On the Farm: Broken ankle the latest setback for Roberta and Cain Quam, but they ‘would not trade it for anything’
KENDAL, Sask. — Obstacles have never stood in the way of success for the Quams and they’ve had their share of them.
Challenges for the horse-training couple have come in the form of economic fluctuations in the horse industry, a devastating fire in 2009, their oldest daughter’s serious horse accident and now COVID-19, paired with another major family injury.
“The personal growth the horses have offered me has been tough at times,” said Cain Quam, a well-known horse trainer currently on crutches due to a broken ankle acquired while training.
“But it’s also been amazing and I would not trade it for anything. “
Cain and his wife, Roberta, have worked tirelessly over the past 23 years to build a thriving horse-training business with a stellar reputation. They started Cain Quam Performance Horses from the ground in 1998, establishing an indoor riding arena where Cain has trained some of Canada’s best barrel, cutting and cow horse prospects in Western Canada.
Cain has earned many accolades both as a competitor, and as a trainer, some of which have included being reserve champion at the Canadian Cutting Horse Association finals in 2007 and winning the first-ever Canadian Western Agribition Colt Starting Challenge.
His wife and children too have reached the top competitive levels, competing at nationals in cutting and going to the world stage in cowboy mounted shooting.
While Roberta did not grow up around horses, she quickly became adept at anything equine-related after marrying Cain and raising their two daughters on the farm.
In 2004, she quit her government job to work alongside Cain full-time as he trained horses for clients, and she now gives lessons as well.
In 2012 the entire family, which included their two teenaged girls, Cheyenne and Jaelynn, took a leap into the competitive sport of cowboy mounted shooting and quickly rose to the world stage.
While Cain has a slew of titles to his name, he said one of his best days in the horse industry was watching his wife compete in their first cowboy mounted shooting event in Arizona.
“Roberta was in over her head against seasoned and accomplished competitors and she tried to back out,” said Cain. “I encouraged her — and even fibbed a little telling her she wouldn’t get her US$200 entry fee back — and against amazing odds, she stepped up and won her class.”
But with all of the success has also come some disastrous events. In 2009, a fire consumed the Quams’ entire training facility and all of their tack.
“I thought, ‘I’m done, I can’t do this again,’ ” said Cain. “We had a really successful business, but it took so much work to build it up and operate it, that I had often thought that if I had to do it all over again, I never would.”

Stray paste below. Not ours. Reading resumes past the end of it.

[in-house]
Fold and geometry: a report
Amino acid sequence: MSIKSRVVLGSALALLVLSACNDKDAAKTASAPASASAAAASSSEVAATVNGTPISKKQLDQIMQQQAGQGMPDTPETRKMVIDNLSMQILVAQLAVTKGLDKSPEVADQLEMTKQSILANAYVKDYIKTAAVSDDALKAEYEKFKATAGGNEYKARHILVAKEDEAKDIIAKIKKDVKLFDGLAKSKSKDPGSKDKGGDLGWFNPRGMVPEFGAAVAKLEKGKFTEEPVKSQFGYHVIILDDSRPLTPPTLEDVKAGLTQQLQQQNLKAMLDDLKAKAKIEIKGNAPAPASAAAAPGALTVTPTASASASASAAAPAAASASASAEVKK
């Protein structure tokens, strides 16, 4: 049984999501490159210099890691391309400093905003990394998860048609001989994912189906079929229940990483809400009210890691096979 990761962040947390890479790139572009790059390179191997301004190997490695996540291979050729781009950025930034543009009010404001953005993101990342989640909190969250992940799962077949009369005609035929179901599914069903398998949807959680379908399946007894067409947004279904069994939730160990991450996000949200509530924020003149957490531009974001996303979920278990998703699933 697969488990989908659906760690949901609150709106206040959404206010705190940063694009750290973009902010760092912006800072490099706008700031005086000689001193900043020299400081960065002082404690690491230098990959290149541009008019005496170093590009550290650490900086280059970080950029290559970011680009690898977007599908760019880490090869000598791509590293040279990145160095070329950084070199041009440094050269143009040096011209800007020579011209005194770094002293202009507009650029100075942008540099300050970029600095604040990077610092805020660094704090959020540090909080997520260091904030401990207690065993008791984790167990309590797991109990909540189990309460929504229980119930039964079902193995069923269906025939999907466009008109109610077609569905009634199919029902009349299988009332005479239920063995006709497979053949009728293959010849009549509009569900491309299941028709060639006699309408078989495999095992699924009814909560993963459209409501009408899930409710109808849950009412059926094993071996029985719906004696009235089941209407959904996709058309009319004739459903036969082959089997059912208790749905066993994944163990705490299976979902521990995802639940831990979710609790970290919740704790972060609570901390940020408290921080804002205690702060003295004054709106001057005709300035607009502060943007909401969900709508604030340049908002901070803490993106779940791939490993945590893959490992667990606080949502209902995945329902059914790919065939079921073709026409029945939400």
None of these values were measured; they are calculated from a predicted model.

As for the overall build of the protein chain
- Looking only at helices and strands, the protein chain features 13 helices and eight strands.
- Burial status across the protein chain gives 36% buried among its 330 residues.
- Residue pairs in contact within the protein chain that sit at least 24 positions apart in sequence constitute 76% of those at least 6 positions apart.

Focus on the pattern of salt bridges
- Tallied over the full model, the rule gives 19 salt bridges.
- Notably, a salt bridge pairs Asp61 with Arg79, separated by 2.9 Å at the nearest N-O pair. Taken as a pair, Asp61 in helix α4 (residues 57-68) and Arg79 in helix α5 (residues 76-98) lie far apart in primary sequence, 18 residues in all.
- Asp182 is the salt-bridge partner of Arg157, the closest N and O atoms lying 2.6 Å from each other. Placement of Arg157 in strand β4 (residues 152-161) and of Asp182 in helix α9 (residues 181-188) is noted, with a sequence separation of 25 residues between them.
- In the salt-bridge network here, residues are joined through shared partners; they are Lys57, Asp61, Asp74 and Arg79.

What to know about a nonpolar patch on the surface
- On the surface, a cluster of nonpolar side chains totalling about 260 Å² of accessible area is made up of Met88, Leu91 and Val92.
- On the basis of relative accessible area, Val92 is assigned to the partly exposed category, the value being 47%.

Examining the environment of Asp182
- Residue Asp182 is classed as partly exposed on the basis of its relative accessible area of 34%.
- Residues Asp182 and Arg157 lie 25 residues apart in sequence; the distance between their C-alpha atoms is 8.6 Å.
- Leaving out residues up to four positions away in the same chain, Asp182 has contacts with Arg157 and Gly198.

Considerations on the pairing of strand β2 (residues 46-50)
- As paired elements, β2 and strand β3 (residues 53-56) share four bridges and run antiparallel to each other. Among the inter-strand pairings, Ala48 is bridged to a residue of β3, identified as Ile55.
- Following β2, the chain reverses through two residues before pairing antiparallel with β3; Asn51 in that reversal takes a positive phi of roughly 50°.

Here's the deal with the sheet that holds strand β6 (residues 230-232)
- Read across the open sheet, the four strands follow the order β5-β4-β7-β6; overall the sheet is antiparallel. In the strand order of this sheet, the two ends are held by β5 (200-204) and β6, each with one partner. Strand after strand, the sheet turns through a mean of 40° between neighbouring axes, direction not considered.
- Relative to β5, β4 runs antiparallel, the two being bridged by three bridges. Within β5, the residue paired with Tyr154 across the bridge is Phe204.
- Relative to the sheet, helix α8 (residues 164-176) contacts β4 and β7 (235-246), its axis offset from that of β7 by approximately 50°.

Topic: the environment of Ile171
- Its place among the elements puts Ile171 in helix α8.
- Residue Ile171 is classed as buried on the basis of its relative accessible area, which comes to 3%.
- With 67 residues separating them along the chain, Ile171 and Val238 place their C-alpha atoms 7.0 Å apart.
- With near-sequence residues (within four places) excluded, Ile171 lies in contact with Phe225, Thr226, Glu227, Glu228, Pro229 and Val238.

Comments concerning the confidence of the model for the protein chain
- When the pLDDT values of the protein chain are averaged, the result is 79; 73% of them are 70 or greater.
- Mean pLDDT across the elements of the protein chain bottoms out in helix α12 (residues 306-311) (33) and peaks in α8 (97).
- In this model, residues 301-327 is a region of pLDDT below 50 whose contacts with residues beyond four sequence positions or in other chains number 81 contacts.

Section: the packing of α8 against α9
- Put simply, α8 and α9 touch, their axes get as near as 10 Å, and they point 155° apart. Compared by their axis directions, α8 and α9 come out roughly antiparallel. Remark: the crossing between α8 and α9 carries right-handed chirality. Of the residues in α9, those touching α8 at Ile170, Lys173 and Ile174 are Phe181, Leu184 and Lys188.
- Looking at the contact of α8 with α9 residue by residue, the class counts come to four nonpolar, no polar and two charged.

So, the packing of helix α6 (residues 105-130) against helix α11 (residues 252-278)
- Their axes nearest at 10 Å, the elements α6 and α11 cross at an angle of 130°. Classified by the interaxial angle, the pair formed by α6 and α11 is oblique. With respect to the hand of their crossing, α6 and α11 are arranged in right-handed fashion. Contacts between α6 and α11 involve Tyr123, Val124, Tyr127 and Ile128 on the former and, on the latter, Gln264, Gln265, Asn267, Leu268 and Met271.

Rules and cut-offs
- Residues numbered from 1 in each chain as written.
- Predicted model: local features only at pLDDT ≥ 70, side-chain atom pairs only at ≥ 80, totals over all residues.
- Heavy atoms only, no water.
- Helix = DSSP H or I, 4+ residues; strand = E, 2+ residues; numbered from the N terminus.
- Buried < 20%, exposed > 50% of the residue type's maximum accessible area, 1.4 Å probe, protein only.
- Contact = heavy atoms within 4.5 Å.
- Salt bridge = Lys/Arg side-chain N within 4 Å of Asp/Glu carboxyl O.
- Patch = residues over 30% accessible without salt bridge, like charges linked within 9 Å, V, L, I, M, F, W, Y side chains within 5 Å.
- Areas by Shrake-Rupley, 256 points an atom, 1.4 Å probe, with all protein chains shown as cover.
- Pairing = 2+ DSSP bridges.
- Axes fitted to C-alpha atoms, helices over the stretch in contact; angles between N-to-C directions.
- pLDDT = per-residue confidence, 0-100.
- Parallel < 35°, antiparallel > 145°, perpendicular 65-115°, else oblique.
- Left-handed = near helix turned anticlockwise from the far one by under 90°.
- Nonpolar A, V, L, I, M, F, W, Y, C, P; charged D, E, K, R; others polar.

But six months later, hope rose from the ashes in the form of a brand new heated barn and a 14,000-sq.-foot riding arena. The Quams credit the generosity of their community, the horse industry, friends and family, who collectively raised more than $35,000 for the rebuild.
Just when they were back on their feet, a serious accident occurred that found Cheyenne on the ground beneath a bucking young horse she was training in the family arena.
Cain and Roberta call the scene the worst of their lives, as they watched their daughter being airlifted out of their farmyard by STARS. Cheyenne broke several ribs and a lung had collapsed, but fortunately she completely recovered.
For the last several years, with the Quam girls now moved away from home, Cain and Roberta have focused on teaching others to hone their riding skills.
Cain’s colt-starting and horsemanship clinics are some of the best in Western Canada, showcasing the cowboy’s hard-won wisdom to understand each horse and each rider.
Rider Gaylene Kaip from Radville, Sask., has been attending clinics at Quam Performance Horses for three decades and recently drove two hours to bring her 12-year-old granddaughter, Josie Sauter, to a three-day clinic.
“In 1990, I heard amazing reviews about this ‘horse whisperer’ named Cain Quam so I attended my first of many of his clinics,” said Kaip. “Now I’m taking my granddaughter to his clinics and I’m still learning new things.”
Gaylene’s daughter, and Josie’s mom, Renae Kaip said her young daughter’s personality has emerged thanks to Cain’s knowledge, patience and communication style.
“Josie came here with a lot of doubt and uncertainty and she was insecure on her horse but her confidence as a rider, and even just as a person, has just blossomed with Cain,” said Renae.
“The things that he sees in horses and people, and the way he connects with them and describes things, has just been a gift for her.”
COVID-19 has heavily impacted business and clinic sizes have had to be far smaller. With Cain still on crutches and infection having set into the surgery site of his injured ankle, keeping to a regular training schedule has been a challenge.
“I’ve always enjoyed so much support from my family, friends and customers and I’m so fortunate as it has made the tough times a lot easier during COVID.”
Cain and Roberta added that while COVID has been an enormous economic challenge, it has also created some opportunities for their business.
“There seems to be more interest in lessons and clinics and it’s pushed us to start building an online business.,” said Cain.
Roberta is also a life coach, combining her horse knowledge and her people skills into a powerful practice.
“The people that have come into my life because of this lifestyle are some of the most amazing people,” said Roberta.
“I consider most of our clients as friends first, clients second.”